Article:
So now you know what local search engine optimization is, and why you need some local SEO optimization in order to achieve the business goals you have planned for your organization. Now that you have found your vision for the future, it’s time to get to the nitty gritties. How do you create your local SEO strategy? What are the steps you should take? Are there any tools you should be using for the same?

 

Optimizing your website for local SEO

 

The first step, definitely, is to have your website optimized for local SEO- after all, it will be difficult to increase your SERPs without the same! Here are some specific additions that have proven to have an effect on Google local SEO page rankings.


1. Have a dedicated page for practical information

According to this report, over 50% users search for information like business hours, directions to the local store, addresses, etc. Clearly, having this information directly listed on your website will not only benefit the user, it will lend some legitimacy to the information you’re sharing.

We highly recommend having a dedicated page for information like:

  • Name: It makes a lot of different whether your establishment is called Starbucks, or Star Bucks. Clearly stating the name of the establishment will definitely help prevent a lot of confusion (and prevent mistaken tours to a money exchange company, when all they’re looking for is coffee).
  • Address: If you have more than one physical location, mention all the addresses. It will also be useful for you to tag it as ‘mailing address’, ‘corporate office’, etc. so that the user knows which is the right place for them to be visiting.
  • Contact Details: There are pros and cons to including your phone number on your site, but it is generally advisable to include it on your website, as a local business, as it increases the trustworthiness, and if people have a channel to reach you and clear their doubts, they are more likely to be customers in the future.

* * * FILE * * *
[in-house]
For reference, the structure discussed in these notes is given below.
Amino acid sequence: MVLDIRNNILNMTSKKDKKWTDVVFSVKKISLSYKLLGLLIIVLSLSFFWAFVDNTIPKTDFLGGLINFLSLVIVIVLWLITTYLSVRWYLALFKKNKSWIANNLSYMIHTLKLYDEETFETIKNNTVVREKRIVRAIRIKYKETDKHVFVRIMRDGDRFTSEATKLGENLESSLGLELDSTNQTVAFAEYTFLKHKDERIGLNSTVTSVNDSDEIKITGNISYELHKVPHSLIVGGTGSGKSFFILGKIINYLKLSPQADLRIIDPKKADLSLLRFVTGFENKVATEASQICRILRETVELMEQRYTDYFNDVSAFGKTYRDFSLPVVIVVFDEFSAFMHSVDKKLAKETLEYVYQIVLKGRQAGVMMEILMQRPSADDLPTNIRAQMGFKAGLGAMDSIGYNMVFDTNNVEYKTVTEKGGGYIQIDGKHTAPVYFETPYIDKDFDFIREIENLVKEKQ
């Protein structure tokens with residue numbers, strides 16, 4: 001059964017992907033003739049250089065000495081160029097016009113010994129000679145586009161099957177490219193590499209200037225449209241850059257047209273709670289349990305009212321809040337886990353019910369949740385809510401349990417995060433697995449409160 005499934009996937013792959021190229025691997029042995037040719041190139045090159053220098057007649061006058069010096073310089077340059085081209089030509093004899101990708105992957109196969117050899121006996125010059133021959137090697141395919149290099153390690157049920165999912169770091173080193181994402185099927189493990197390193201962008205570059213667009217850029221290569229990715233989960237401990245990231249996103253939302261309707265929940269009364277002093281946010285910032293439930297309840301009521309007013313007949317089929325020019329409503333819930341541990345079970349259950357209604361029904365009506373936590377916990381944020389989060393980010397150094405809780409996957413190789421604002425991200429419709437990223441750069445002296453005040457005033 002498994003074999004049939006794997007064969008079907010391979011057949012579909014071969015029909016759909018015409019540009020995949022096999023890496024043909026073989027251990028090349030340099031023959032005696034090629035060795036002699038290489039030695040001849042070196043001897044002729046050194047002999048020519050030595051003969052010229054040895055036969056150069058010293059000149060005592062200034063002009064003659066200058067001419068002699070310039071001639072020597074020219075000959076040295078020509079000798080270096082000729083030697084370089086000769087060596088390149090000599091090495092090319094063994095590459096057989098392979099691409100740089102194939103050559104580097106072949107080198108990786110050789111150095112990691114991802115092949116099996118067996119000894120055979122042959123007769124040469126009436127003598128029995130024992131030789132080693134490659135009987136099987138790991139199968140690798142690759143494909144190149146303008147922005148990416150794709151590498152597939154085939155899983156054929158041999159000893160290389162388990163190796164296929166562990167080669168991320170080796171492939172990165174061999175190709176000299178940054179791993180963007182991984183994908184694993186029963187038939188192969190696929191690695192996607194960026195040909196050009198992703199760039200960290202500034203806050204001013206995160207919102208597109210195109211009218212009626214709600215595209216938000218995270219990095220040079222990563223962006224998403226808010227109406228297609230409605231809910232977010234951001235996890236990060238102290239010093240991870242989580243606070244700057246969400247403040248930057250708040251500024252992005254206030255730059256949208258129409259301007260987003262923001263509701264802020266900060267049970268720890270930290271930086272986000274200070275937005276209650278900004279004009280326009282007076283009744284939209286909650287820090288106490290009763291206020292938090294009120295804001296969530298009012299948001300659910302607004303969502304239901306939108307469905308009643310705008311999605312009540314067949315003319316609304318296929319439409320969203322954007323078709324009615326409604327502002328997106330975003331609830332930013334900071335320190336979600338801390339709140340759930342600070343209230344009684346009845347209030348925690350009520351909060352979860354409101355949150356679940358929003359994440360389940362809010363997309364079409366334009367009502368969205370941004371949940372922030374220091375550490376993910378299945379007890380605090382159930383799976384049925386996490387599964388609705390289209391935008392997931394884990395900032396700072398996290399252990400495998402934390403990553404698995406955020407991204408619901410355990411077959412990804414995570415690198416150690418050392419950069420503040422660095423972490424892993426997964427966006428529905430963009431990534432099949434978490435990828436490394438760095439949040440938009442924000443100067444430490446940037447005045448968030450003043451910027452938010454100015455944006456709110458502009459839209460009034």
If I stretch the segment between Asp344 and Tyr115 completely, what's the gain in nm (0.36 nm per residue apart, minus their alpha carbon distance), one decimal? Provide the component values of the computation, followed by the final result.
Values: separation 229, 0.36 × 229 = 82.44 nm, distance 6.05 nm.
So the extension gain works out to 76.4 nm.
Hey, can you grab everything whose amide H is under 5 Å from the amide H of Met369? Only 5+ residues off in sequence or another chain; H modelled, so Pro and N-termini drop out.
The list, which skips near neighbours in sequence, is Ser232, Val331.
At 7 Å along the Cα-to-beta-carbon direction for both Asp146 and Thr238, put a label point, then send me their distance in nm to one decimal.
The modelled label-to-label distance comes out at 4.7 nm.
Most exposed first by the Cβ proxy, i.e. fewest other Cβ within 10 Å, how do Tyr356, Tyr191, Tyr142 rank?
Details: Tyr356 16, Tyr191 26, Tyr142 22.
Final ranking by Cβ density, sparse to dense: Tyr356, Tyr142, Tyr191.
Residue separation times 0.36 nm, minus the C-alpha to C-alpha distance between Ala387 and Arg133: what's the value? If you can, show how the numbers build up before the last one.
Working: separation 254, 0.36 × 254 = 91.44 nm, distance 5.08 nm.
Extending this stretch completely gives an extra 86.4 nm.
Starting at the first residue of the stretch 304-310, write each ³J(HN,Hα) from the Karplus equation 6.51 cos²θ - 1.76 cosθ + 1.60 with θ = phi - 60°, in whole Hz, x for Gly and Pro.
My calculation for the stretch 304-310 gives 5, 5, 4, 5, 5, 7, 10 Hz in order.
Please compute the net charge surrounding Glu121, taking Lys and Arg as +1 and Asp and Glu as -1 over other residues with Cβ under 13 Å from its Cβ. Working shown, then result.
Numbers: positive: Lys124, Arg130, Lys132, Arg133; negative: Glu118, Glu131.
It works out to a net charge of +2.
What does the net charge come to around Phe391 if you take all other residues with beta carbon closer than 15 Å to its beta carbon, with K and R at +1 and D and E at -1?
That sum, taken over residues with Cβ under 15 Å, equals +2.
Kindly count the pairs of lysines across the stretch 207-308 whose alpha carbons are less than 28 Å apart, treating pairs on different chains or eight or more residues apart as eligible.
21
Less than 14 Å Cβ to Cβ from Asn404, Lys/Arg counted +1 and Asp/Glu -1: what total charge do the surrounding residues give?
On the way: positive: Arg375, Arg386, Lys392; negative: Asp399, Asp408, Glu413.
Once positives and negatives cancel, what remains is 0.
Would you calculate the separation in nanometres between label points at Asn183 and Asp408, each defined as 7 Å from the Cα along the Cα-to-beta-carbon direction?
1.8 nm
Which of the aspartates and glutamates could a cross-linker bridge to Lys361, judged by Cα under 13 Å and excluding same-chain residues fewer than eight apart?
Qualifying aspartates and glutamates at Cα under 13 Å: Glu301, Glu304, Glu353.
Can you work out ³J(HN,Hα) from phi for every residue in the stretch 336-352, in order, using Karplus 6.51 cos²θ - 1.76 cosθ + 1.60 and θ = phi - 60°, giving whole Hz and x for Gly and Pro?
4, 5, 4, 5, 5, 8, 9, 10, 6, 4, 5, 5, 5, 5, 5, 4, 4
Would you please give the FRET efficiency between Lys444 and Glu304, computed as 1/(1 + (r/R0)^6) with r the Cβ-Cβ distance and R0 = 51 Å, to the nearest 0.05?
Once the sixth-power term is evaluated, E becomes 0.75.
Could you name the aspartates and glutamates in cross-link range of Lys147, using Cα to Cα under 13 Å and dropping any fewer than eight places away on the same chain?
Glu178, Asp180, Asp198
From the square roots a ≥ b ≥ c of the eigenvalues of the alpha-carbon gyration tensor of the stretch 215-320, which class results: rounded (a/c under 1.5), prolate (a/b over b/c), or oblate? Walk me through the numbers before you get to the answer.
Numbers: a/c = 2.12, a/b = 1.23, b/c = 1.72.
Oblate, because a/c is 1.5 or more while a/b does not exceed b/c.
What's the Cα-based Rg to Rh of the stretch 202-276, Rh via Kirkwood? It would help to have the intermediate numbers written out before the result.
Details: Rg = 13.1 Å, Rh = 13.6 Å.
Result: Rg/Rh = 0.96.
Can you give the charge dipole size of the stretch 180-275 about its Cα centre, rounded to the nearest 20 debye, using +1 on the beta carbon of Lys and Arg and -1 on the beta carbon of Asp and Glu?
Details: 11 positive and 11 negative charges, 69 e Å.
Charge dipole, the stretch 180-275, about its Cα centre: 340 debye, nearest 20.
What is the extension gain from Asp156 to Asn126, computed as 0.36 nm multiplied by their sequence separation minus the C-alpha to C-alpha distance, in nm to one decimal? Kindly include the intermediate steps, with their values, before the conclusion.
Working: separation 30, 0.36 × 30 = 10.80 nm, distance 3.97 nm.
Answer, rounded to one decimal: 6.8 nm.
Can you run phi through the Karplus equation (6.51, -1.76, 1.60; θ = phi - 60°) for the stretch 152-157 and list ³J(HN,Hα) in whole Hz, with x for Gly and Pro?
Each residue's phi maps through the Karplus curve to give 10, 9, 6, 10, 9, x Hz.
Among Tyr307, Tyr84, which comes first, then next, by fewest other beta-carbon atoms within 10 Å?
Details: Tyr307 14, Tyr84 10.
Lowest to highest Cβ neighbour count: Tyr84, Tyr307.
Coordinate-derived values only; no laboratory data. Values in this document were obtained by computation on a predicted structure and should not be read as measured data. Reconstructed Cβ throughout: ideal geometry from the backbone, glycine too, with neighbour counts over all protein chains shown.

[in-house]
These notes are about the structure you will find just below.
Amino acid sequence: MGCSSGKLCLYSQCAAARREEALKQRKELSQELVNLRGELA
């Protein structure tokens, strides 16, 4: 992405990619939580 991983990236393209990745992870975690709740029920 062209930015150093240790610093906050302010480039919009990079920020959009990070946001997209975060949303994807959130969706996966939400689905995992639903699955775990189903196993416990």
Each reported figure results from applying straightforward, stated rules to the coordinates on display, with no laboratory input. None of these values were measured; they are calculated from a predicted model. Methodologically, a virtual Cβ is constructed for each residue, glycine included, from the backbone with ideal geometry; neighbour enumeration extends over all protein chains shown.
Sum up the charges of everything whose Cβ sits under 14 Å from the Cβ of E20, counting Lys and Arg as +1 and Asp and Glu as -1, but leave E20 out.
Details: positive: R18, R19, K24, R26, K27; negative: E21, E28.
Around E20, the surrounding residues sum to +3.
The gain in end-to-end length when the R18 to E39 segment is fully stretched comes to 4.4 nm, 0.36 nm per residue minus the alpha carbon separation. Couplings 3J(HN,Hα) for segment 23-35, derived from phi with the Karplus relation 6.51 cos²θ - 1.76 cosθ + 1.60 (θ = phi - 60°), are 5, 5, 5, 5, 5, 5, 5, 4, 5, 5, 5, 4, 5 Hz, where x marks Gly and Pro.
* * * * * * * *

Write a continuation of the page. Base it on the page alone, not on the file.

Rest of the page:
Include your phone number, text number, email, and social media handles as well.
  • Business hours: 54% of smartphone users look for business hours when searching for local businesses, so you can definitely see the value in adding that information here as well.

A well done contact page would look something like this:

 

website-contact-pagesource

 

Expert tip: 50.8% of all web activity happens on phones, so you have to make sure your contact page is mobile responsive as well. This would include designing the page in a mobile user friendly way, and also adding small features like making the phone number clickable.

 

2. Create localized content

Gone are the days where you had to just stuff your website with keywords to get higher SERPs. Google’s algorithm is getting smarter, and now, there’s a lot more benefit to adding user-friendly content to the site, instead of writing for the search engines themselves.

What does this mean for you? It means that there is a lot of benefit in creating localized content.

The first step is for you to determine who it is that you’re targeting is. Create your user personas, and the areas that you’re targeting (figuring out the exact demographics of the area you’re targeting, including age, consumer activity styles, etc. can go a long way).

Sure, you can add some generic articles to your site, but you can carve your niche by speaking about localized content- this includes information about your specific industry, the city/town you’re located in, etc. Having a blog can have a great impact on your local SEO company strategy.

  • It’s a good way to establish your legitimacy in the industry, but also in the area that you’re operating out of.